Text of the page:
Himachal Pradesh, a state of India, located in the northwest corner of the country, has a rich culture of music and dance. Music is an integral part of their life, which includes many kinds of folk songs. Himachali people never miss a chance of singing their favorite song on occasion. The folk instruments have a significant role in their life right from birth till death. Their simple way of life also reflects in their pure music. Usually, accompaniment is not needed for folk songs. But locals enjoy the merriment of these songs with their traditional musical instruments. Himachal Pradesh folk music features a wide variety of drums, including Dammama, Damanght, Gajju, Doru, etc. Non-drum percussion instruments include the Ghanta and Ghariyal, Chimta, Manjira, and Jhanjh. There are also wind instruments like Algoja, Peepni, Shehnai, Bishudi, and Ransingha. Strings Instruments include Gramyang, Riwana, Sarangi, Jumang, Ruman, and Ektara.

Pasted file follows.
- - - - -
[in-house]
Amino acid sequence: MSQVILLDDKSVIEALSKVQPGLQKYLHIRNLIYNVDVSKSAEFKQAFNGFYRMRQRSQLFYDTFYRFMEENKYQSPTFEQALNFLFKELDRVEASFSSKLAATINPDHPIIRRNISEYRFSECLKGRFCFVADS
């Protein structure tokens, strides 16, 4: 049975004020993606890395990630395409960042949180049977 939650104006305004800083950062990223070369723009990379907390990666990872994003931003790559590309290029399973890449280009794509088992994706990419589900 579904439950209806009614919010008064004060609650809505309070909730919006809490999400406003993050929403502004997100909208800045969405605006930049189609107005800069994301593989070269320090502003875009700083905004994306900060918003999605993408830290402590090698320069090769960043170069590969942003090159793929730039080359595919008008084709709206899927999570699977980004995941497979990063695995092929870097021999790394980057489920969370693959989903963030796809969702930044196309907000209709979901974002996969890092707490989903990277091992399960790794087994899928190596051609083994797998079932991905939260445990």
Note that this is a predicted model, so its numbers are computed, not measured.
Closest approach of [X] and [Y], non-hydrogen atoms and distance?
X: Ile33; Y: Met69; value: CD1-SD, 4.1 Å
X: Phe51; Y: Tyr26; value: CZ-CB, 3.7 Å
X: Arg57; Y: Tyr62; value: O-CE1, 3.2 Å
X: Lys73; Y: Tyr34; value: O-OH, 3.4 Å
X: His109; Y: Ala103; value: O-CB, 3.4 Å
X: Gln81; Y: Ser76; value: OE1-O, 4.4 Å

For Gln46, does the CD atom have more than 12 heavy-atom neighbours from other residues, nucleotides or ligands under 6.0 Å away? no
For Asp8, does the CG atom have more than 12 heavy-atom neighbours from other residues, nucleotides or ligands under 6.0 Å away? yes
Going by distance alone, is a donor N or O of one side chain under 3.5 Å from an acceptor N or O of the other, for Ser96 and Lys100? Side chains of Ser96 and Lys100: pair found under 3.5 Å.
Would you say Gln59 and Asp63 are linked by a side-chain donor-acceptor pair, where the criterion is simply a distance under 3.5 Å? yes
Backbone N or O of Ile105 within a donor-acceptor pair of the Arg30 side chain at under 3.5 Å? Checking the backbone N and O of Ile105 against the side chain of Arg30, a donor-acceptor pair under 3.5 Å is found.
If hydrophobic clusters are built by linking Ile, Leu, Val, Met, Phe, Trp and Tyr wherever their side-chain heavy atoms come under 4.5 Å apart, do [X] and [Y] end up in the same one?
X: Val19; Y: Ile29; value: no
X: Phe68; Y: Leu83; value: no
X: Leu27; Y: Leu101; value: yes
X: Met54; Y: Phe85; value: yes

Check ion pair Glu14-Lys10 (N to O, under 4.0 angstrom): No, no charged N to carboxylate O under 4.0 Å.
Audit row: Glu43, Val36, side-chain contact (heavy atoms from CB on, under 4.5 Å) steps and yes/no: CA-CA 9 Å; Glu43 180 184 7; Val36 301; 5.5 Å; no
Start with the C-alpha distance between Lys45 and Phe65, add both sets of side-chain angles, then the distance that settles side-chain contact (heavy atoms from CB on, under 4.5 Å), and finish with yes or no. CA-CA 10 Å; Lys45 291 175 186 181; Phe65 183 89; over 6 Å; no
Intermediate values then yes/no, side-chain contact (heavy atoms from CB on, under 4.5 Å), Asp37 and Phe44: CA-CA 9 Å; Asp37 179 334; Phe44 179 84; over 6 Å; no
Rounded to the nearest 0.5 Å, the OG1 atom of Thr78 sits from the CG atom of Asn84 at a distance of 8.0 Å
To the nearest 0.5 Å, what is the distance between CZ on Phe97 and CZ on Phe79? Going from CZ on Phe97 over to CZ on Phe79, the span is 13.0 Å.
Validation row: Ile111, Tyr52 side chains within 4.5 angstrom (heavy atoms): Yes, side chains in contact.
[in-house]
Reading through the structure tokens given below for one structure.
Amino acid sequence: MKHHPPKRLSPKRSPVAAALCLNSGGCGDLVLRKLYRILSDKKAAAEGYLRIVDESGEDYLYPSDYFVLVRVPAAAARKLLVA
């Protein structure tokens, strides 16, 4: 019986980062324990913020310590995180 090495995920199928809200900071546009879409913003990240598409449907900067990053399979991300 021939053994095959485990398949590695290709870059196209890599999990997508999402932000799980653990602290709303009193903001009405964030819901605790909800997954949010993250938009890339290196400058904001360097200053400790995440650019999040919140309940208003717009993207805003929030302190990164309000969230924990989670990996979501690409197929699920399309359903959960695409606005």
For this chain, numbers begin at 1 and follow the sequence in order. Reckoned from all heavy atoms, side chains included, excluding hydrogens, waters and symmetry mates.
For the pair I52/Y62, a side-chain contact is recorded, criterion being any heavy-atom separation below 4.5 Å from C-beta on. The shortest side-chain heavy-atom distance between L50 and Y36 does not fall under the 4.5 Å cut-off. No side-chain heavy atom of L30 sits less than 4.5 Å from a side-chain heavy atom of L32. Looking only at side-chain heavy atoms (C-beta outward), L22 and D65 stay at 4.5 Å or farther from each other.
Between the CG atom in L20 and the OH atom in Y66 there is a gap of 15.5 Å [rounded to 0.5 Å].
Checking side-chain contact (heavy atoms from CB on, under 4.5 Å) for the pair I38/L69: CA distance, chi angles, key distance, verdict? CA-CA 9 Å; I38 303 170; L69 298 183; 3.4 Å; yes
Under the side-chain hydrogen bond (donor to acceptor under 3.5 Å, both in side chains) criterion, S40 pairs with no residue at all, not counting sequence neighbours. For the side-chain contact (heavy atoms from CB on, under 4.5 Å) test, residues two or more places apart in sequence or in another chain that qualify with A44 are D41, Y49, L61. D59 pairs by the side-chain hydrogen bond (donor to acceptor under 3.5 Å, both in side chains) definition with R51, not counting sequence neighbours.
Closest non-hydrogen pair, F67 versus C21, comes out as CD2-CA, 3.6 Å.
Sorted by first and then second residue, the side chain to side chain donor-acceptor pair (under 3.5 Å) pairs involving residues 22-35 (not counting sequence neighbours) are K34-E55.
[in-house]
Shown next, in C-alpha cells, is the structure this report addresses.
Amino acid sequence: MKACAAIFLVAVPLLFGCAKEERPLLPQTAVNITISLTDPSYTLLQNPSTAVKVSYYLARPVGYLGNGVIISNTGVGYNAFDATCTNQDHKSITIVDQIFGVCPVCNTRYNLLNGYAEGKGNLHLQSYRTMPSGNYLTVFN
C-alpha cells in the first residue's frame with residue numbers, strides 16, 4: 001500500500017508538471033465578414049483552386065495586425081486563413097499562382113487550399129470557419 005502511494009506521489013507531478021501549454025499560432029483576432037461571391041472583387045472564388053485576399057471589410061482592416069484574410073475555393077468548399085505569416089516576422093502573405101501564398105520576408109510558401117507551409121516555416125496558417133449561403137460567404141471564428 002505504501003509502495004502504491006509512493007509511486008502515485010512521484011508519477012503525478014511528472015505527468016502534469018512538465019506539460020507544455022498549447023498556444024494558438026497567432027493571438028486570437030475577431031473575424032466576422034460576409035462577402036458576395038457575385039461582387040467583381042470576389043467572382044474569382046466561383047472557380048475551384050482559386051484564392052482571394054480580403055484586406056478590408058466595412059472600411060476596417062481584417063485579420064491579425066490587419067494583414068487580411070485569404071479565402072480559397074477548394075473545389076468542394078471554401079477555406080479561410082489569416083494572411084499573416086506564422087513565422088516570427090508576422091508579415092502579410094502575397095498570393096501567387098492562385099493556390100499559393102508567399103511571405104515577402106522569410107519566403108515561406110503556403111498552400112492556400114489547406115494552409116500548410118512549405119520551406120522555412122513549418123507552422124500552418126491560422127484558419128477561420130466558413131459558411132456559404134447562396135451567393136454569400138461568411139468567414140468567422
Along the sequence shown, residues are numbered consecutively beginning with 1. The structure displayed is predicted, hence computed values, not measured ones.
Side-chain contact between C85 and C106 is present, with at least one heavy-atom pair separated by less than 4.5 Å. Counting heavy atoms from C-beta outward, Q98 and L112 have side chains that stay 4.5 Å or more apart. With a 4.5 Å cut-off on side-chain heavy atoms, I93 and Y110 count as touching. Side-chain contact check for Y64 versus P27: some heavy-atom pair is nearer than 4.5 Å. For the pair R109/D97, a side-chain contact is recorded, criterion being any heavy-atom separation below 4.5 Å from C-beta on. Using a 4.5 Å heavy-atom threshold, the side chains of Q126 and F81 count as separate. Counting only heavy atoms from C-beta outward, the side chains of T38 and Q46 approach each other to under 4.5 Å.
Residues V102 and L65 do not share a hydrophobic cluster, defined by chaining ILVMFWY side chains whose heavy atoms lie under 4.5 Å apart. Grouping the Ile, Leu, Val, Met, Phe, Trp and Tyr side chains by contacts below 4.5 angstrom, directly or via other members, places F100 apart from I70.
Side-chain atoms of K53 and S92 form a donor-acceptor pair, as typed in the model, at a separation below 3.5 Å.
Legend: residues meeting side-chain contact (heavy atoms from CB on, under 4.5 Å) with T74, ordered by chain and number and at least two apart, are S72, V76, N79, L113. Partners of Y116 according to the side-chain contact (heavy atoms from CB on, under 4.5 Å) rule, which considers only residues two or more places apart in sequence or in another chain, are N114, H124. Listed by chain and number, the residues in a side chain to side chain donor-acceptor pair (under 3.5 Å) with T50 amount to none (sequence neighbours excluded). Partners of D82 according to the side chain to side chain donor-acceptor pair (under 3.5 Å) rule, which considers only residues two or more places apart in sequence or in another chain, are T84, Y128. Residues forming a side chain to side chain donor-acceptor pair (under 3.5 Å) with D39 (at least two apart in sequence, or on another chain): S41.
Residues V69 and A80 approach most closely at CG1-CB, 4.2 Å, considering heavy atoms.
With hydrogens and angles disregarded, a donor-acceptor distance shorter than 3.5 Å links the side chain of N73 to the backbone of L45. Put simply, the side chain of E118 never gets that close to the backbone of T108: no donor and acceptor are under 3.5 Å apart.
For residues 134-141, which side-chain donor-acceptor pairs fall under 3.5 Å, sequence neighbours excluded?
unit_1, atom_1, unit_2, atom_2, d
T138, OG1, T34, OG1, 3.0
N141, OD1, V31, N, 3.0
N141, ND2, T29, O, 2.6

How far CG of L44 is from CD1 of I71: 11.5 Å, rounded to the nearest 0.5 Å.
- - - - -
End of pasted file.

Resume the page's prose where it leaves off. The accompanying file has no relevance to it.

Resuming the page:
Most of the population at Himachal is Hindu, which has its rituals, traditions, and style of dressing. The main occupations here are farming and livestock. Local habitats also engaged in making handicrafts. Himachal handicraft items are renowned all around the world. Local music and dance reflect the cultural identity of the state. There are several fairs and festivals that are celebrated in the state. People entreat their gods through their dance and music during local festivals and other special occasions. Generally, people prefer folk music, and Himachali songs are sung in a lead voice with the chorus.
Ransingha is a traditional instrument used all over Himachal Pradesh for special occasions like festivals, welcoming VIPs, marriages, etc. It is also called an Indian Trumpet. This instrument is made of two brass and copper metal curves. The instrument consists of two parts, which are joined together. Both parts are of the shape of the English alphabet C. One part is thicker and broader than the other part.
Both the parts are joined in such a way that the shape looks like the alphabetical letter S. The player blows Ransingha with great force by his mouth, which enables it to bring out a sound through the narrower and thinner end by holding it in the air. Only one or two notes can be obtained through this instrument.